• But why is the anti-copyright argument always the one touted here?

      considering the stance you take on your post.. I believe you have the answer already.

      You seem to believe that these people should be allowed to control and regulate every other sector of the economy.. that they are some superclass of nobles who have a "right" to revenue. The question should not be weather the 99.999999% of the human population on this planet are not being prosecuted for piracy, it should be why 0.000001% of the population ar
    • which are designed, ironically, to get people to BUY the content, not as the mechanism for people to permanently obtain pristine digital copies

      Have you downloaded music from the net? Pristine is not what you get; it is what the record labels use as an excuse to not allow it. Half the time I get good, or ok copies until I buy the CD. Then I get pristine!

      Music that is cut off at the end, has 30 sec of music followed by static, plays half way through then stops due to a bad bit rate change, etc. Sure you can d
      • "sells" pristine digital lossless copies of pretty much anything you want for prices like $1.40 for a full album.

        That's the "business model" people think is so great, to which I was mockingly referring. It's not a "business model"; it's a bunch of people with no costs taking things that aren't theirs, and "selling" them. Yeah, great "business model".
    • by honkycat ( 249849 ) on Wednesday July 05, 2006 @04:23PM (#15662639) Homepage Journal
      You raise some very interesting points.

      The thing that I think makes this such a difficult problem is that, it would seem, the music/movie/entertainment industry as it is and has been since the middle of last century (ie, since the advent of practical mechanical/electronic publication of music/movies/etc) is built on a model that fundamentally requires that high-quality duplication be expensive. That is no longer true. As a result, one of two things will happen. Either the system will be changed so that it IS once again expensive to duplicate these products, or the production system will change to be compatible with free or near-free copying.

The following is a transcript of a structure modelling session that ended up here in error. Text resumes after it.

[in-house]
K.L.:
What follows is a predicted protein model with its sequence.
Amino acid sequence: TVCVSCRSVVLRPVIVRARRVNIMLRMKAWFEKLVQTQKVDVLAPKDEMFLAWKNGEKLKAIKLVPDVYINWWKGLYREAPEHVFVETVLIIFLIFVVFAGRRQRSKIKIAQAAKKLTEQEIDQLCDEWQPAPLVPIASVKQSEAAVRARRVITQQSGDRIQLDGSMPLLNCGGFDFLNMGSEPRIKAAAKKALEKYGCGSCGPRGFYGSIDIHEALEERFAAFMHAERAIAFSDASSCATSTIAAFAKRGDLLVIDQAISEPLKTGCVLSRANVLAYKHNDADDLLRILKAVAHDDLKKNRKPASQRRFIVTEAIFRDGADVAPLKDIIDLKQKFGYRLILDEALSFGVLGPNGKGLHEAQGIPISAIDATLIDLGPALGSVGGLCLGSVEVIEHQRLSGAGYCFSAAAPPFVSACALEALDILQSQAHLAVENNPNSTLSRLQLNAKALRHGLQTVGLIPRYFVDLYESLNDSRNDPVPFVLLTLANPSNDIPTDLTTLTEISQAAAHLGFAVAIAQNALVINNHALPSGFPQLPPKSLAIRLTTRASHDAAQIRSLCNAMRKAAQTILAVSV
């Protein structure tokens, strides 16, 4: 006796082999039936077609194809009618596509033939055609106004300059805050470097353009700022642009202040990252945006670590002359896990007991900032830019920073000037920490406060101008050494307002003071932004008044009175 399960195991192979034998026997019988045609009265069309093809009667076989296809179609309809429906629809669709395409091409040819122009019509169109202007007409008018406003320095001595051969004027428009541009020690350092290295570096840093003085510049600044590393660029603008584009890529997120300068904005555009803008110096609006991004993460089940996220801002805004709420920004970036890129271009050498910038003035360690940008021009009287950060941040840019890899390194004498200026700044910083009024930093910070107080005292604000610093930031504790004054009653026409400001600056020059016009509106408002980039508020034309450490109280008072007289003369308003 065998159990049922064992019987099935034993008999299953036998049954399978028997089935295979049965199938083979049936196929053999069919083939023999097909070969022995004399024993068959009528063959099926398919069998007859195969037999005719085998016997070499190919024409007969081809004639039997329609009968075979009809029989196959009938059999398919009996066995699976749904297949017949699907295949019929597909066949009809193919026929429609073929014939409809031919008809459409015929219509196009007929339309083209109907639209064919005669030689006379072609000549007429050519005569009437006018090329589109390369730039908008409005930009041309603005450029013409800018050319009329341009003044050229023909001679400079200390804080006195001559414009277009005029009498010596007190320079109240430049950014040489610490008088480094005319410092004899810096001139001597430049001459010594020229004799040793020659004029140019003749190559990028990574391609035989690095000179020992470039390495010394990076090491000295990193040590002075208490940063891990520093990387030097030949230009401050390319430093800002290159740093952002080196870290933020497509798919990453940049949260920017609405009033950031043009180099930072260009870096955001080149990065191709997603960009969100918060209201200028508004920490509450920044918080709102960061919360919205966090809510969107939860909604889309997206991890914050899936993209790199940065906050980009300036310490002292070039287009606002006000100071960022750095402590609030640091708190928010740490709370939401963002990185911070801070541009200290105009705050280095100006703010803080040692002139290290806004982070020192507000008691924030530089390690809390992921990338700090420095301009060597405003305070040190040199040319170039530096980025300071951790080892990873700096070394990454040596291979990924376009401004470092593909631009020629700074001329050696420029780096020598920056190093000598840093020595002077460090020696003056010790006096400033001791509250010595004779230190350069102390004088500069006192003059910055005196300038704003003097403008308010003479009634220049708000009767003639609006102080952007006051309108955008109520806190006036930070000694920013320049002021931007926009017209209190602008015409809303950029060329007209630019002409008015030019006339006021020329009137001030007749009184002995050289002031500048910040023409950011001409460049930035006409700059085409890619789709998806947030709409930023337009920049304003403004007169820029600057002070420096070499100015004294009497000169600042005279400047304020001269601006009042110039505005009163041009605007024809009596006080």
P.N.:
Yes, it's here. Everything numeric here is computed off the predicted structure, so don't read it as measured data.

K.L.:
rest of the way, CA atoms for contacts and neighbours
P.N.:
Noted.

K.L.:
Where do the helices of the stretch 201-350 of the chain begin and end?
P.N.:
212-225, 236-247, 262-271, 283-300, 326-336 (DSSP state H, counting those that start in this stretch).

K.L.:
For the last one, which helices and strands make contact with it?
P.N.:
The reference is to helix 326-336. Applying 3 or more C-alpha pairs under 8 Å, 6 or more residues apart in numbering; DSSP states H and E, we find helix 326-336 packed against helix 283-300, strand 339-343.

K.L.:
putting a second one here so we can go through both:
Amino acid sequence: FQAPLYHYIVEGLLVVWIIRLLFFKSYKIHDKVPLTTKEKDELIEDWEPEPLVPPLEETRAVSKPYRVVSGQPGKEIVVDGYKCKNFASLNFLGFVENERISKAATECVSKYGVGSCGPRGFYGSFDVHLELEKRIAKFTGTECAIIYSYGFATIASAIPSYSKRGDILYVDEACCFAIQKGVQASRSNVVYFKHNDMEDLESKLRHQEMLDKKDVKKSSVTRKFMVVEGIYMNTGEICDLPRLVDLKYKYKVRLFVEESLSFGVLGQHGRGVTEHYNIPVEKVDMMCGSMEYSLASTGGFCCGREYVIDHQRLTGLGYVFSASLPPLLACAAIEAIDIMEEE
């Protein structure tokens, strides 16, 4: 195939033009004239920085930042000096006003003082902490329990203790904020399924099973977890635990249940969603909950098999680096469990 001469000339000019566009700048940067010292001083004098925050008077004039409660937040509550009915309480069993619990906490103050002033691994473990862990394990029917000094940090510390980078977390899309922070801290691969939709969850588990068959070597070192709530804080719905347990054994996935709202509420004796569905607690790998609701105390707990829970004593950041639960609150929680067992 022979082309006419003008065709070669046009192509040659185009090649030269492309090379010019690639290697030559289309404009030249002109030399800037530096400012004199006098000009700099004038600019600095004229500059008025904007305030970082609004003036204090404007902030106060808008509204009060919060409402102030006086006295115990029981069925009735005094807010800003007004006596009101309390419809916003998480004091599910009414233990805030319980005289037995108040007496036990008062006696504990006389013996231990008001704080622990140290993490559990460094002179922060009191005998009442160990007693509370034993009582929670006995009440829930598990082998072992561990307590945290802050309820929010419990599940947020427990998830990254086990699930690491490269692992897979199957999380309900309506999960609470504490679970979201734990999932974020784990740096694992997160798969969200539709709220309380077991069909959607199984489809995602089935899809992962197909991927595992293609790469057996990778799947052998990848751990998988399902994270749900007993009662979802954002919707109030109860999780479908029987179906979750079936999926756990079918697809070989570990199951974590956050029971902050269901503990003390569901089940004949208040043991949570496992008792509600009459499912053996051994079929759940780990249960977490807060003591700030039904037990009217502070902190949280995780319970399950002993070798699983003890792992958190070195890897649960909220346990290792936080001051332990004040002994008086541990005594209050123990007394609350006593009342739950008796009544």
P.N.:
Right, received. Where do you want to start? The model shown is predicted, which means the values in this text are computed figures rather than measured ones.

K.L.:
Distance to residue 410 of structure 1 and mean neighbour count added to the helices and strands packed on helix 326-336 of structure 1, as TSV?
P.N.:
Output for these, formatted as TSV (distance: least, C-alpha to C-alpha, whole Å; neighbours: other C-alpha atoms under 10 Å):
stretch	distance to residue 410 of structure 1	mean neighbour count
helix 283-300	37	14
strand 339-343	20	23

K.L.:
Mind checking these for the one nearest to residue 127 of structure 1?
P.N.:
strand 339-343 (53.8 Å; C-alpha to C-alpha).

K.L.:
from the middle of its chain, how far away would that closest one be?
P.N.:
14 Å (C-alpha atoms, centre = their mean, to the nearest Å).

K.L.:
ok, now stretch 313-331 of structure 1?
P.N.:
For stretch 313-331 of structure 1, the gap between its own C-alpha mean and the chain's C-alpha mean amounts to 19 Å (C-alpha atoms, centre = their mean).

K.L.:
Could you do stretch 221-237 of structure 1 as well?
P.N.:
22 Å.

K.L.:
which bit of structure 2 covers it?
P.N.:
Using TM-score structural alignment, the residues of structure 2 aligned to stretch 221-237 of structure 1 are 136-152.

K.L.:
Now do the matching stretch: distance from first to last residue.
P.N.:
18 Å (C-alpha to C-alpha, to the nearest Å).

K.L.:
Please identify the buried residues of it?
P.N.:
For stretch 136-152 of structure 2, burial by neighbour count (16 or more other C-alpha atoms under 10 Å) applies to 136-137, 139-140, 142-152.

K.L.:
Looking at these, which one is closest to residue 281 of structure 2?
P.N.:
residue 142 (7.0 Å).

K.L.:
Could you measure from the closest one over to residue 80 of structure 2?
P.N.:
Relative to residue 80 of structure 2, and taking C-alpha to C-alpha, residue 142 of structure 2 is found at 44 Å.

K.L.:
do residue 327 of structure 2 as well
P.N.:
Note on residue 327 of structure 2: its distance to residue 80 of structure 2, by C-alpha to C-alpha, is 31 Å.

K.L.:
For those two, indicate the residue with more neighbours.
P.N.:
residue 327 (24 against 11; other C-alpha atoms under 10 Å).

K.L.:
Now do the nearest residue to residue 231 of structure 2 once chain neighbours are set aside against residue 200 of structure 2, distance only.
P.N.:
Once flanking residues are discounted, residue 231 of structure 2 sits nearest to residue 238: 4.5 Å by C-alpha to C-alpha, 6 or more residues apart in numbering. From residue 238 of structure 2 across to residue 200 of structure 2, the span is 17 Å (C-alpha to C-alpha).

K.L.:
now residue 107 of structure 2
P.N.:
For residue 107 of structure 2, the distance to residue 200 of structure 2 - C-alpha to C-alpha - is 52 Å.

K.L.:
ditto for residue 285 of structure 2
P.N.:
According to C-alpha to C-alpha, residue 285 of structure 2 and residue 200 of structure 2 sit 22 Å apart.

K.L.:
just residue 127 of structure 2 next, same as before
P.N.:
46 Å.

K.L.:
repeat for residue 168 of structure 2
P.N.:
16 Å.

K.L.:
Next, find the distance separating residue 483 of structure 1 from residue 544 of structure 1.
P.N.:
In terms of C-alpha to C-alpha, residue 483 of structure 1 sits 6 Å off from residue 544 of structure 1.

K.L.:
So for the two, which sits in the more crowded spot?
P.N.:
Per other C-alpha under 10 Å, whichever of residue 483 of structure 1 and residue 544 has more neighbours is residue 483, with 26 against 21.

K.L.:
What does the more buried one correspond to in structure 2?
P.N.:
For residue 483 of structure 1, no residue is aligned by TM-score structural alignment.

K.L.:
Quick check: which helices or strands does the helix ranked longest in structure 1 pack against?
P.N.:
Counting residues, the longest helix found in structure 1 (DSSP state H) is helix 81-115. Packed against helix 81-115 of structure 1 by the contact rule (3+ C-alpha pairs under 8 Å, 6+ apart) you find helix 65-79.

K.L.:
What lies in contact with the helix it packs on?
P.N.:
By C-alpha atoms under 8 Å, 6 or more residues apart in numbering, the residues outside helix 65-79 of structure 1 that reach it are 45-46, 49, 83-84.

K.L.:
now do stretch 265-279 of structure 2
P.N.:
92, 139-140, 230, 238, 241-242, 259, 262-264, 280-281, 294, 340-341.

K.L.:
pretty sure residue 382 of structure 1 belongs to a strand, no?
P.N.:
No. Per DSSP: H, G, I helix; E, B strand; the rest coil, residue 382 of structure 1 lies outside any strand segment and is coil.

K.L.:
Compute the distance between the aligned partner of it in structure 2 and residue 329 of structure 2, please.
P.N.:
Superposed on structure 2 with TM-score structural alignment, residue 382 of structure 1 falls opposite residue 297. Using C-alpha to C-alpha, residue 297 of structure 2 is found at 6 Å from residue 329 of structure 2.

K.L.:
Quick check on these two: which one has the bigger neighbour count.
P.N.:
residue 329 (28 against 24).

The legal wrangling that's been going on is all essentially trying to make duplication expensive. It's not technically expensive any more, so the powers that be are adding legal and social costs (through laws or public villification of offenders). They're also trying to make it technically expensive through artificial means (copy protecting hardware, e.g.).

      In my opinion, this is destined to fail. I don't believe you can achieve the level of enforcement necessary to rub out piracy (arrrrr) or the technical sophistication to outwit all the world's engineers who want to make a high-quality copy of a file they possess. The cat is out of the bag, technologically, and it ain't going back in.

      It's a scary prospect, both for the entertainment producers and for the end users. No one knows what a market compatible with near-free duplication costs will support. It's never been done before. The producers stand to lose a lot, since they can't predict where to go to protect their interests in this unknown environment. The end users also stand to lose since it is quite possible that the number of artists who can be supported will fall drastically. Of course, it could end up being better for everyone in the long run. But it's really pretty close to impossible to predict.

      Anyway, just some thoughts. I don't have any prescriptive answers for how to deal with this phase change. The best I can do is urge copyright reform to help society face up to the fact that free and easy copying is going to be the way of the future and hope that we can responsibly manage the transition.

      Oh, and screw the **AA. :-)
    • talk about what's really at issue, which is brand new, current, and popular music and movies?

      We no longer need copyright to encourage people to create new music. There are almost ZERO barriers to entry when it comes to making a musical recording. 50 years ago, you needed an expensive studio, you had to pay people to work the equipment, etc. Now you just need an el cheapo computer and a cheap microphone from Radio Shack. Want some proof? How about the 2 million+ bands on myspace? Or how about searchin

    • Where's the middle ground?

    • >But why is the anti-copyright argument always the one touted here?

      Yes, I do find it odd, as I would wager that a very large number of /. regulars work in proprietary 'content' development of some sort, but seem to be desperately in denial of this fact.

      I think the problem is that copyright gets in the way of what we want to do with technology, therefore it must die. I will not be told what to do with my computer by law, and god forbid me if someone tried to impose a technological restriction on me. I thi